(Soundbite of airport terminal)

OFEIBEA QUIST-ARCTON: This is Ofeibea Quist-Arcton and I've come to Nnamdi Azikiwe International Airport in Nigeria's capital Abuja to see whether these new tighter security and screening measures, A, have come into operation and B, what Nigerians traveling to the U.S. and other places think about the enhanced security. Right ahead of me is Departure C, and I'm just going to talk to the passengers to see what they think about the tighter new securities. Sir, your name please?

Mr. BASI BAN(ph): My name is Basi Ban. I leave in Columbus, Ohio, but I'm visiting Nigeria. I think sometimes you need to take a balance between security and freedom. And it seems that this point in time security kind of trumps out freedom and it's kind of inconvenient but it's warranted. I hope the American government tries to find a balance without making every Nigerian seem responsible for what that little guy did.

Ms. NELLA AMDEM ELA(ph): My name is Nella Amdem Ela and I'm a legal practitioner. I think it's very offensive. As a matter of fact, I'm embarrassed for America to isolate Nigeria for a singular offense when what they should be doing is to place the blame where it ought to be, because if the father of a child tells that there was need to report the unusual behavior of his son and obviously there was a lapse somewhere.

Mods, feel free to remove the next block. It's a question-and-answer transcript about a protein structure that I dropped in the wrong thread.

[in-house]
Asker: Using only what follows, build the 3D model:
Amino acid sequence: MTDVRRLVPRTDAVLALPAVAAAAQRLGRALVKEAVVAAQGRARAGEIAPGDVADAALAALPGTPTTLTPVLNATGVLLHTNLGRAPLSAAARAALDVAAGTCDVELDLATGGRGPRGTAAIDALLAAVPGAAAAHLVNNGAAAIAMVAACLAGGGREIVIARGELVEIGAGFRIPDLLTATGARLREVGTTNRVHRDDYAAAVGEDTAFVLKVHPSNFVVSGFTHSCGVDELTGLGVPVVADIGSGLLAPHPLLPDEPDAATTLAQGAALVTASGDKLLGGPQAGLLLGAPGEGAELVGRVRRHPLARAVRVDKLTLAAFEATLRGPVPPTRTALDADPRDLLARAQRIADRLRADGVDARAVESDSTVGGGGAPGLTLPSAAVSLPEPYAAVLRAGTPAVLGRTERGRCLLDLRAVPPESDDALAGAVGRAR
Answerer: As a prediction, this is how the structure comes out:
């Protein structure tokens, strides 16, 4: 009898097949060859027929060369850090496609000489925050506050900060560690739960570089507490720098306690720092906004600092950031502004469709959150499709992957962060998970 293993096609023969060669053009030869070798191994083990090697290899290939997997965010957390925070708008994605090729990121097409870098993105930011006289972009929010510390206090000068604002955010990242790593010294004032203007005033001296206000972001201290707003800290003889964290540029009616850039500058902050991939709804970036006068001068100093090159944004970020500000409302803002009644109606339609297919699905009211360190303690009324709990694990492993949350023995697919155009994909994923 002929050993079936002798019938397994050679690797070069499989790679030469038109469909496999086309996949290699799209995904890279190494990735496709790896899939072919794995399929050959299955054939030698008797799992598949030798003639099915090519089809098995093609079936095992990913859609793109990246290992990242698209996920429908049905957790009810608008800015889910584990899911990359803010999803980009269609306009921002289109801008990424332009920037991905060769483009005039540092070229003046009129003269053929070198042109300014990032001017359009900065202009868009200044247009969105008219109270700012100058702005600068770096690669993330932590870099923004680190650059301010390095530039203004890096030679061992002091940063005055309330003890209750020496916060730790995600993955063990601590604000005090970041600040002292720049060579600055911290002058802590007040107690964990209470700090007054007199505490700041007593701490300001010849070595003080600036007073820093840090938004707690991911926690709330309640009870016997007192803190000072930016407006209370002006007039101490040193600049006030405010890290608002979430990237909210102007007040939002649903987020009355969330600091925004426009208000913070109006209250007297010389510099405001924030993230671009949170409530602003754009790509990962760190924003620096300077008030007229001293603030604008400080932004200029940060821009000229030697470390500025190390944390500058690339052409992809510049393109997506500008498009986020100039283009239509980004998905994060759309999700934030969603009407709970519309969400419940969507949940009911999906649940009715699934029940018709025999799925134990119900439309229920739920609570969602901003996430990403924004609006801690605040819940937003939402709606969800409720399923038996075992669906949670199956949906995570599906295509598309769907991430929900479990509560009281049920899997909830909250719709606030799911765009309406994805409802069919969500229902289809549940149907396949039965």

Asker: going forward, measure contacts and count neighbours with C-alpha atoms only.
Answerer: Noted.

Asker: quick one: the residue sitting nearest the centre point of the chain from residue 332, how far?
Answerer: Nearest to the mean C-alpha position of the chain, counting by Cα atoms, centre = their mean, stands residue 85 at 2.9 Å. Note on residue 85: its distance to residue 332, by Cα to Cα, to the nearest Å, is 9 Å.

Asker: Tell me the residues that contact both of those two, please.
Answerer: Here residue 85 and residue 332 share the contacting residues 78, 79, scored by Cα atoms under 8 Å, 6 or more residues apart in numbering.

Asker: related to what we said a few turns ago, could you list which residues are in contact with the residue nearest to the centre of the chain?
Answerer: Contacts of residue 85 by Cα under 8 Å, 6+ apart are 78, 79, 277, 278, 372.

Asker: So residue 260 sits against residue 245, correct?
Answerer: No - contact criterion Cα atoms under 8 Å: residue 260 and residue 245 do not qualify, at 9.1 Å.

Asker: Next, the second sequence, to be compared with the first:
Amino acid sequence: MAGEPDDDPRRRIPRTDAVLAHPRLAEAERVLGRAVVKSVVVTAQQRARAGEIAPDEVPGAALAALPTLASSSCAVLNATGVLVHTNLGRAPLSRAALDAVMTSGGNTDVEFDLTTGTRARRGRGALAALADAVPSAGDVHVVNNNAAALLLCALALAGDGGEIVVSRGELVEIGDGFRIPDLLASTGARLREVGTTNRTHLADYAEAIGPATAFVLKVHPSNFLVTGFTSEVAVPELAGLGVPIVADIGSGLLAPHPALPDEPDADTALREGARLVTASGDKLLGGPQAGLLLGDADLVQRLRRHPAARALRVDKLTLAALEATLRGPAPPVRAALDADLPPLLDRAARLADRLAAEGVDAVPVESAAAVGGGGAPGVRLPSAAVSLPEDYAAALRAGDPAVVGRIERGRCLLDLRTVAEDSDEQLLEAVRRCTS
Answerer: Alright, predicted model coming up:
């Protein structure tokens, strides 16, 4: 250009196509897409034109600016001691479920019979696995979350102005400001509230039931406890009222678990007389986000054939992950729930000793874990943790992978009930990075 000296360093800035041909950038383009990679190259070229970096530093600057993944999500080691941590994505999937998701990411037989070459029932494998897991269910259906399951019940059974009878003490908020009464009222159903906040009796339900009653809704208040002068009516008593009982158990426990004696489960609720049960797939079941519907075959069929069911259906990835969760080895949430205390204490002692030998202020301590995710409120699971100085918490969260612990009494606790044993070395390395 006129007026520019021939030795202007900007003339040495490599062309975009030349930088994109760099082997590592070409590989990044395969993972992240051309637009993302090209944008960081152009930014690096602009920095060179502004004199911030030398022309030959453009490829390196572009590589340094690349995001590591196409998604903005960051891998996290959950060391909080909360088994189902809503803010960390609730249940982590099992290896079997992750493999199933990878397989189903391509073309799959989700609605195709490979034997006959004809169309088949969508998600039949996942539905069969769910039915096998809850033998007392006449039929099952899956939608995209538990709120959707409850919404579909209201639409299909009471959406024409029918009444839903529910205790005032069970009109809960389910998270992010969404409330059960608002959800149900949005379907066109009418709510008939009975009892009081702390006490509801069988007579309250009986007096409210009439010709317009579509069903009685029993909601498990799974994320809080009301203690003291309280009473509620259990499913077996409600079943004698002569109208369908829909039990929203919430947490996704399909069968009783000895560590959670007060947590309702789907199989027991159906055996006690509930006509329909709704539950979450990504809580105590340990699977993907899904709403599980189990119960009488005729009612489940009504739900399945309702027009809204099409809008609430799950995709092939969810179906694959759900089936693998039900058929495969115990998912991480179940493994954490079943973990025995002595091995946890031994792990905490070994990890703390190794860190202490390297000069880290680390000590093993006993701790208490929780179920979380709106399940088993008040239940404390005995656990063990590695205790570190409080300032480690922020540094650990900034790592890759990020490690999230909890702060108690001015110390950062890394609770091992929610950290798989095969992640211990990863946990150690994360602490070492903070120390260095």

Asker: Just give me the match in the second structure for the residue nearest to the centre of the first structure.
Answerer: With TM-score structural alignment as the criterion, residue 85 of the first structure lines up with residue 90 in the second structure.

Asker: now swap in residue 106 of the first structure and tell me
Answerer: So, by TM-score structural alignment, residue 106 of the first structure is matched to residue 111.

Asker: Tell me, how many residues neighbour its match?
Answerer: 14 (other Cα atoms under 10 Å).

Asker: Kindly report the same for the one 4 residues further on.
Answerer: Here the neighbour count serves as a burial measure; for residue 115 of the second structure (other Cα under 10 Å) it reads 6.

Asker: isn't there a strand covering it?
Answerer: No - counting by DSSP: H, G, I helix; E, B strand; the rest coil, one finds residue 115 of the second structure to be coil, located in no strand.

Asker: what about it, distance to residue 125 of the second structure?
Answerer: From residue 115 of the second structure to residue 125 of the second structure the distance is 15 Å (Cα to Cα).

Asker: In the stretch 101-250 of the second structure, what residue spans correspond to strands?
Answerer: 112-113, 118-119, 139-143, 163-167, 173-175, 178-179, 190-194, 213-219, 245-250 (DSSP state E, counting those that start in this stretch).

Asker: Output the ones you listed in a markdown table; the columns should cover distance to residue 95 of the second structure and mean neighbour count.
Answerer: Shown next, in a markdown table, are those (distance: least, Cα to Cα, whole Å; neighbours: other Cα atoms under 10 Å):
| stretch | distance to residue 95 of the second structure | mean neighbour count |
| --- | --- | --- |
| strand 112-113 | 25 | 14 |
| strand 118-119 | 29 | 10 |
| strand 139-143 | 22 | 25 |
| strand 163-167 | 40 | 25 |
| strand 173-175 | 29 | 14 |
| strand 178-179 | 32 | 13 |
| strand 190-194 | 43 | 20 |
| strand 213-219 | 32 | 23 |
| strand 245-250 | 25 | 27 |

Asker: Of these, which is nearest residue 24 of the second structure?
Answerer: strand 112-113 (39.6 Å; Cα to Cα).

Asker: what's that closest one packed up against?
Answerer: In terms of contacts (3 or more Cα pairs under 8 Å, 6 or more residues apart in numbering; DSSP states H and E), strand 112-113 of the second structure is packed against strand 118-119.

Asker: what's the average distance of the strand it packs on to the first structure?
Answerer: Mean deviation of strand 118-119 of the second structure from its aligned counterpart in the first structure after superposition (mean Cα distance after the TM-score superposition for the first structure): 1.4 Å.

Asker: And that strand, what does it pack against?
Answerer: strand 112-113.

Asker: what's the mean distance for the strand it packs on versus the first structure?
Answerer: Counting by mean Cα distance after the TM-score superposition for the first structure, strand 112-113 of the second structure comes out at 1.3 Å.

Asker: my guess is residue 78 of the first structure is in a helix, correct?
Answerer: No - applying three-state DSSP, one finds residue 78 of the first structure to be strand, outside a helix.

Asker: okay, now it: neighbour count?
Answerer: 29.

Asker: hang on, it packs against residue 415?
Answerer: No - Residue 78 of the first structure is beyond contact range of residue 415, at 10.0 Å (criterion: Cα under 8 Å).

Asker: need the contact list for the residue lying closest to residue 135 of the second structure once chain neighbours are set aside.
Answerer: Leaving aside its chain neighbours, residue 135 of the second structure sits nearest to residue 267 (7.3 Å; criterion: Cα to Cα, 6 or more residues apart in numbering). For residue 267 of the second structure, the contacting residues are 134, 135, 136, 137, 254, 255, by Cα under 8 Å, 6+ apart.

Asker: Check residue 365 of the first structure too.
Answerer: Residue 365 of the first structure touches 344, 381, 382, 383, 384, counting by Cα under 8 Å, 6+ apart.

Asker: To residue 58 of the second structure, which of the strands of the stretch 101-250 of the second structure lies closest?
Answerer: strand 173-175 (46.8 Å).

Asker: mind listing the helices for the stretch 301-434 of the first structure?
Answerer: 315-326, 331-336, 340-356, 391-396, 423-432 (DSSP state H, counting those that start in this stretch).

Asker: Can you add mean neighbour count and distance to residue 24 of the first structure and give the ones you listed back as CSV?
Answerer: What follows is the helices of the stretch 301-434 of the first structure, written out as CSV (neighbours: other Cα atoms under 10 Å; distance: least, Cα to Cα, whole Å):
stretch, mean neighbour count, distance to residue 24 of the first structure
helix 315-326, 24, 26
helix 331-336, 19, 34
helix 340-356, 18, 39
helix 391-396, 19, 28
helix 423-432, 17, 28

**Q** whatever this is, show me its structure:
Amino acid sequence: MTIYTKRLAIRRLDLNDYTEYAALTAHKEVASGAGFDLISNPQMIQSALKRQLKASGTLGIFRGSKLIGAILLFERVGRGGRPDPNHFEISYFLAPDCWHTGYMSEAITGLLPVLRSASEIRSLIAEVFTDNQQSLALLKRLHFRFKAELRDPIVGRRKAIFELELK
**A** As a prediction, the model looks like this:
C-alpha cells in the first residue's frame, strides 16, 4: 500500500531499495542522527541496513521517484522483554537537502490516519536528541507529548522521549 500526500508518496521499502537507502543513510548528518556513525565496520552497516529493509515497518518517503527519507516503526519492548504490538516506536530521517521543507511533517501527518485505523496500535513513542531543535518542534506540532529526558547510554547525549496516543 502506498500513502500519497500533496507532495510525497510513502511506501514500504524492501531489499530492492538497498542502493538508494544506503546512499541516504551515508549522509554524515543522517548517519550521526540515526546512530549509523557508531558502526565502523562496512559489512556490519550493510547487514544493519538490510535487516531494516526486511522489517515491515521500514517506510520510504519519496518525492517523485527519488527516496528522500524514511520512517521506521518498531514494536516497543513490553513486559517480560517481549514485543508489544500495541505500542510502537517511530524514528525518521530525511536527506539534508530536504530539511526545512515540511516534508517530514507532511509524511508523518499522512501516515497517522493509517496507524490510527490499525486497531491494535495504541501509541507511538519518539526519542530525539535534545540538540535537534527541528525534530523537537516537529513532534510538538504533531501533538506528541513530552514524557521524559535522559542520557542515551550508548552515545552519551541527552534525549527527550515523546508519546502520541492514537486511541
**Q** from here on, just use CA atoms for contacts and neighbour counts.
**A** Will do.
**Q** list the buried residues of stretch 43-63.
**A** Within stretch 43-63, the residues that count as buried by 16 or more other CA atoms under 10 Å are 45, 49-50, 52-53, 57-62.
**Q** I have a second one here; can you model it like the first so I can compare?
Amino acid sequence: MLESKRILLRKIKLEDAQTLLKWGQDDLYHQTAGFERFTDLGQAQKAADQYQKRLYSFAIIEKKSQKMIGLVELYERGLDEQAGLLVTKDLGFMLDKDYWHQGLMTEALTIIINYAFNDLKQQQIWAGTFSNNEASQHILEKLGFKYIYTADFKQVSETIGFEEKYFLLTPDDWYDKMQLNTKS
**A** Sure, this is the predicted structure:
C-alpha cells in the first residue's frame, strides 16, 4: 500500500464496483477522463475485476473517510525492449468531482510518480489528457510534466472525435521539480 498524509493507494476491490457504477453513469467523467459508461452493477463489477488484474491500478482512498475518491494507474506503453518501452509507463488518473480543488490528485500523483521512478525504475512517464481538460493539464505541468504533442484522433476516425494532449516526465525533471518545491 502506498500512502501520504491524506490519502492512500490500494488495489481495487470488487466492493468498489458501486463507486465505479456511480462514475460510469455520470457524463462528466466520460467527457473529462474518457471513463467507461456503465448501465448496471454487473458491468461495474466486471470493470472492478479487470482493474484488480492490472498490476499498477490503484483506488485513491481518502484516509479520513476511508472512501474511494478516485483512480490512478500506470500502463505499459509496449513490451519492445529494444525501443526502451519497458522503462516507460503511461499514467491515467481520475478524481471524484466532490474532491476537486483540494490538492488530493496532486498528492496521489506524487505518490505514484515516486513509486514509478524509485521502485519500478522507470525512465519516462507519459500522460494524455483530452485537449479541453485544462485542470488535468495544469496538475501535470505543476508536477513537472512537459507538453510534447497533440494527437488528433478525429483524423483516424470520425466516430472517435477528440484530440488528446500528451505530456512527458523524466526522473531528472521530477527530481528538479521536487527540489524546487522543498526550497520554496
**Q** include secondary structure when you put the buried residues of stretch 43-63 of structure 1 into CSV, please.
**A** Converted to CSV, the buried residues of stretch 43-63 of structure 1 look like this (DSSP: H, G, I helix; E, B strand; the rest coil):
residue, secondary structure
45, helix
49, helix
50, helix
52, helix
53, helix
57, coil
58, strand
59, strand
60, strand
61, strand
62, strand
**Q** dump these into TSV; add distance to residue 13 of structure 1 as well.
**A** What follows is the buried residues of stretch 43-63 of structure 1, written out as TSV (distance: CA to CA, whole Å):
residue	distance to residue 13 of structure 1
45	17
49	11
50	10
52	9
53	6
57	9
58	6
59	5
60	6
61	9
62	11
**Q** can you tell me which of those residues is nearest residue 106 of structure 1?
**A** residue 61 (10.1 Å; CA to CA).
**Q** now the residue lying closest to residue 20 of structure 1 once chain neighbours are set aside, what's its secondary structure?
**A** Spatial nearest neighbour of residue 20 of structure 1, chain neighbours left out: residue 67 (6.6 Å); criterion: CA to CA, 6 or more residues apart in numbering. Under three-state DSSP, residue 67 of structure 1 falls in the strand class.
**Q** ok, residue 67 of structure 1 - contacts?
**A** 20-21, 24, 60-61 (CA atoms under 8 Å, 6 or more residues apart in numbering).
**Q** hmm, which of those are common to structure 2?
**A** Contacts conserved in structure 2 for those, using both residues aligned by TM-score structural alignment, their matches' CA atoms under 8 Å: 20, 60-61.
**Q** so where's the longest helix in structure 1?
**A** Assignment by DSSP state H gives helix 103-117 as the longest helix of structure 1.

QUIST-ARCTON: So, what's your message to President Obama?

Ms. ELA: Actually he was number one on my list. I mean I used to be his fan but I'm beginning to question who he is really and what he stands for. I'm beginning to question it because he should have thought better and asked more questions. And place the blame where it ought to be. And find out where the loopholes were. (Unintelligible) can treat Nigeria as he wishes with his left hand? I'm embarrassed for him.

QUIST-ARCTON: So, will you traveling to the U.S. in the future ma'am.

Ms. ELA: I couldn't be bothered to go there because I won't be insulted, certainly not.

QUIST-ARCTON: Thank you. And that's the view from Nigeria. For NPR News, this is Ofeibea Quist-Arcton reporting from Abuja International Airport.